The Texas Rangers and Houston Astros are now division rivals, but there was a time when they could have been so much more. Mandatory Credit: Kevin Jairaj-USA TODAY Sports
I can still remember the summer and fall of 1986. I was a baseball crazy 11 year-old then, and I was jacked up. That year, you see, the Houston Astros and the Texas Rangers were on a collision course, one that could end in only one place: the World Series.
As a proper Texan, I have always affiliated myself with all Texas sports teams (except those located in or near College Station) and I was loving the fact that for the first time in my young life, there was real, live, meaningful Major League baseball in the Lone Star State. I spent countless hours in my backyard that summer, imagining just how it would play out. Could Glenn Davis hit a Charlie Hough knuckler? Could Ruben Sierra handle some heat served up Nolan Ryan style?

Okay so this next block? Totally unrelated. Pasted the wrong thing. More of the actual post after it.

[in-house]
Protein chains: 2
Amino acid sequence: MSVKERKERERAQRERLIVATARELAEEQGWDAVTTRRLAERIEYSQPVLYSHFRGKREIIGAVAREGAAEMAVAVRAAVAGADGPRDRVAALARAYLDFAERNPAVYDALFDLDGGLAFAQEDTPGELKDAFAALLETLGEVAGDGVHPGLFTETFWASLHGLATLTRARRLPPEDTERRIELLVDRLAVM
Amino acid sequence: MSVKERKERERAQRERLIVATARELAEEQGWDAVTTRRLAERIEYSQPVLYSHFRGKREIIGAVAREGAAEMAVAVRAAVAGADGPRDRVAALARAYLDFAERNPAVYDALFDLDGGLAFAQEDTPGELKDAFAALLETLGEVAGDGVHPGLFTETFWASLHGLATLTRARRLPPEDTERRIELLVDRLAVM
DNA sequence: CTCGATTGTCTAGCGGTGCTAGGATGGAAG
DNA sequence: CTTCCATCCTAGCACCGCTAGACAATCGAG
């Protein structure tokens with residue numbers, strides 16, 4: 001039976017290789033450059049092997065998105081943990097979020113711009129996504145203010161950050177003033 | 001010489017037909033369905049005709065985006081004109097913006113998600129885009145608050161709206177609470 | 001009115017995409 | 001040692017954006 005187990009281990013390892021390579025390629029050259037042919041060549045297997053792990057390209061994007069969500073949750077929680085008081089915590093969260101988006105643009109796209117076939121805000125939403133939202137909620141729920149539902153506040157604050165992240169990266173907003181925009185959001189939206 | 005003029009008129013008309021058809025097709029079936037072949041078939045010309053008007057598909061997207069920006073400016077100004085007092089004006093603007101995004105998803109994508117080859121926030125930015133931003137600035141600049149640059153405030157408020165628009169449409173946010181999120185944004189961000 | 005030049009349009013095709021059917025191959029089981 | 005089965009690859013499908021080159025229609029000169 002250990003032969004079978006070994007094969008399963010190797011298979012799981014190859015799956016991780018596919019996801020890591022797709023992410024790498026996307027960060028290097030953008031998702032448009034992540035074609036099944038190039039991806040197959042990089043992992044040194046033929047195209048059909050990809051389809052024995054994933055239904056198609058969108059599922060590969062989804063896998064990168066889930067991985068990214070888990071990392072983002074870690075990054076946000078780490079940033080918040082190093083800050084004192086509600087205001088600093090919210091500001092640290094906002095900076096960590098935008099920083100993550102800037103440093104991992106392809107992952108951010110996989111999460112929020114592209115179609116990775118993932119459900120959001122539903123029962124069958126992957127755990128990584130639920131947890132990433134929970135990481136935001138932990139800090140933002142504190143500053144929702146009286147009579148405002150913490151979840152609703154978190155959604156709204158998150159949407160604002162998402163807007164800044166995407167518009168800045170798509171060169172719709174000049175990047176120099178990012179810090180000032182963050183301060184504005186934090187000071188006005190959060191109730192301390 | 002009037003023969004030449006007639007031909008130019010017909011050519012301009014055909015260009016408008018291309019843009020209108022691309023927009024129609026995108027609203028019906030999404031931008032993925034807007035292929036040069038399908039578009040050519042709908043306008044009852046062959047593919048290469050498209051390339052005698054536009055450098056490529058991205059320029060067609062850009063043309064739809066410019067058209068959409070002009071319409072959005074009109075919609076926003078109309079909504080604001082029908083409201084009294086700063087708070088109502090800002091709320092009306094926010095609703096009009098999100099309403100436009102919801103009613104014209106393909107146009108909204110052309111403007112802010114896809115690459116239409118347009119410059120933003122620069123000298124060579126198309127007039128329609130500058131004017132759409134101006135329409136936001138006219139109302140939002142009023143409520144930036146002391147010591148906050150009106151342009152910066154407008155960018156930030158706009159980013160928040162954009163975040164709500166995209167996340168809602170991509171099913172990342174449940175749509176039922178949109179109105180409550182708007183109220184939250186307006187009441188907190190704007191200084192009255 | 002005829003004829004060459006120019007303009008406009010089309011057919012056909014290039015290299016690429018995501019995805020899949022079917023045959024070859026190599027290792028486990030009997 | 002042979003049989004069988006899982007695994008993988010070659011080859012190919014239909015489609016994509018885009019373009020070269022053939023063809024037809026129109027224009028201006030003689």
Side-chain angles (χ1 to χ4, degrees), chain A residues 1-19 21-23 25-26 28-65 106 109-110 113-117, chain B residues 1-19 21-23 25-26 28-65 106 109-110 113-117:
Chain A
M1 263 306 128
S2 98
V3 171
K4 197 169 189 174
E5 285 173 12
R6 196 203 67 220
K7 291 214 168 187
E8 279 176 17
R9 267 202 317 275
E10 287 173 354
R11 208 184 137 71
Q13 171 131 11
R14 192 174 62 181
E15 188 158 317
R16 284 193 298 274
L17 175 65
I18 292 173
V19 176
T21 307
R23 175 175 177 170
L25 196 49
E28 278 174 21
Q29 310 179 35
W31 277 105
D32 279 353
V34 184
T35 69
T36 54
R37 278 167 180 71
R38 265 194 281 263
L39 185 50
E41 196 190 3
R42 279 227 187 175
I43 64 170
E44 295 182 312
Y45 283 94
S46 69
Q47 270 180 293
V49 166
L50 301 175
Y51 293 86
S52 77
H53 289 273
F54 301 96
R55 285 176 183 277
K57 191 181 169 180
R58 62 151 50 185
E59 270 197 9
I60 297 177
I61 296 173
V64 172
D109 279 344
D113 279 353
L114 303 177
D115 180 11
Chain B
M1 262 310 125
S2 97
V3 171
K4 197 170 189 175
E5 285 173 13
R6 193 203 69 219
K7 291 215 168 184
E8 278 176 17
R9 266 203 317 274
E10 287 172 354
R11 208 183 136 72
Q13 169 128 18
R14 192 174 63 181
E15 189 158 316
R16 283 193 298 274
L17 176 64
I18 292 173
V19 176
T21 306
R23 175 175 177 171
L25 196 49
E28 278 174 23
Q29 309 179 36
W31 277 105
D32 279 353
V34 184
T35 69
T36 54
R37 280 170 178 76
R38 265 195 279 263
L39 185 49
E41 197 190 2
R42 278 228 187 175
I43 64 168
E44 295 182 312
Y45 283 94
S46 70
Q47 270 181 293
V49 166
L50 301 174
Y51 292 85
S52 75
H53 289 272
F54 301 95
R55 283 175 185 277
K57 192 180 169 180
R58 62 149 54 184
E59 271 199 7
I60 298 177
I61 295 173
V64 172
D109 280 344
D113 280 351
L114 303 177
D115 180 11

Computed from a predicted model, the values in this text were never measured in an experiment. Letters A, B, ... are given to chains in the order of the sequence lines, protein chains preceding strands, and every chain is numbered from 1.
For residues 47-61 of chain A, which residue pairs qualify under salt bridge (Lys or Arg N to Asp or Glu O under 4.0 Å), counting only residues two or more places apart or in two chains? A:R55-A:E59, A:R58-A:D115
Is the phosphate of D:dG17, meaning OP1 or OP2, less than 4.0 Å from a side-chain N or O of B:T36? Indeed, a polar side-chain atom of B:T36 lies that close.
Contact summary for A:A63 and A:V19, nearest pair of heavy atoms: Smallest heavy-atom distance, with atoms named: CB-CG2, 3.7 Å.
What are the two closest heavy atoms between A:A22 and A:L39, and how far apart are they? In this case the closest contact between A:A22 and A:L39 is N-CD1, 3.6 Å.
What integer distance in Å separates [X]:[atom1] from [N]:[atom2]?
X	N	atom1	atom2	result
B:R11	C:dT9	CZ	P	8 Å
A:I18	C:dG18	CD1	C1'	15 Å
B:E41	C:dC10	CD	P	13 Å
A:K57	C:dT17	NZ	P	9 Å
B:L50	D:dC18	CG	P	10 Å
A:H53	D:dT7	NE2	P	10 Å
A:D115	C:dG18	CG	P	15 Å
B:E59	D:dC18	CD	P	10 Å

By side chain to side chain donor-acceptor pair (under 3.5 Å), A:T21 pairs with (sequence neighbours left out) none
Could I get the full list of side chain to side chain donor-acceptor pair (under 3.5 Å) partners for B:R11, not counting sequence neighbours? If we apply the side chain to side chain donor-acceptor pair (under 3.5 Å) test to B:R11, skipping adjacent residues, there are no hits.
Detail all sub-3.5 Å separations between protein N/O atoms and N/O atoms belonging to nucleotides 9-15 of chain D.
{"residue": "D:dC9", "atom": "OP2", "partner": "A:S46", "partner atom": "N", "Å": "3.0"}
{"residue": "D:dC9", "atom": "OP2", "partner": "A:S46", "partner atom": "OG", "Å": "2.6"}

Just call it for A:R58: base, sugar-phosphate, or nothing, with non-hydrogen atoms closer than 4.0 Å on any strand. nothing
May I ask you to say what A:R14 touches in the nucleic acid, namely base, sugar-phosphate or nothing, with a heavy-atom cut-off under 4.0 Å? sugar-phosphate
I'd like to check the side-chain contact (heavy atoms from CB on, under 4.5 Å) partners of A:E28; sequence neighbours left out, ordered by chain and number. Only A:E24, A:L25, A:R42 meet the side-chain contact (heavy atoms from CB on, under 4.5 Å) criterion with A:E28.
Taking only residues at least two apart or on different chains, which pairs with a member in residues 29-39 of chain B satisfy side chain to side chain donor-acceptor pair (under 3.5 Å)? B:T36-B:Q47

That summer, I was those guys. Hitting home runs, getting the big strike out. And the great thing about childhood dreams are that you can control them. So of course, the only way this could end was in Game 7, in extra innings, with the bases loaded and two out. I can’t tell you now how many of those games were won by the Rangers and how many were won by the Astros, but I can promise you that every game was epic. That was a great summer.
Real life doesn’t follow our dreams though. In reality, the Rangers couldn’t quite keep up with the Angels, who promptly remembered that they were the Angels and derped away the ALCS to Boston (not a fan). The Astros won the division in epic fashion, clinching the division with a Mike Scott no-hitter. They then promptly remembered that they were a professional sports team from Houston and lost the NLCS to the Mets (really not a fan). the 86 World Series went from being a dream match-up between two teams I loved to a nightmare match-up of two teams I despised.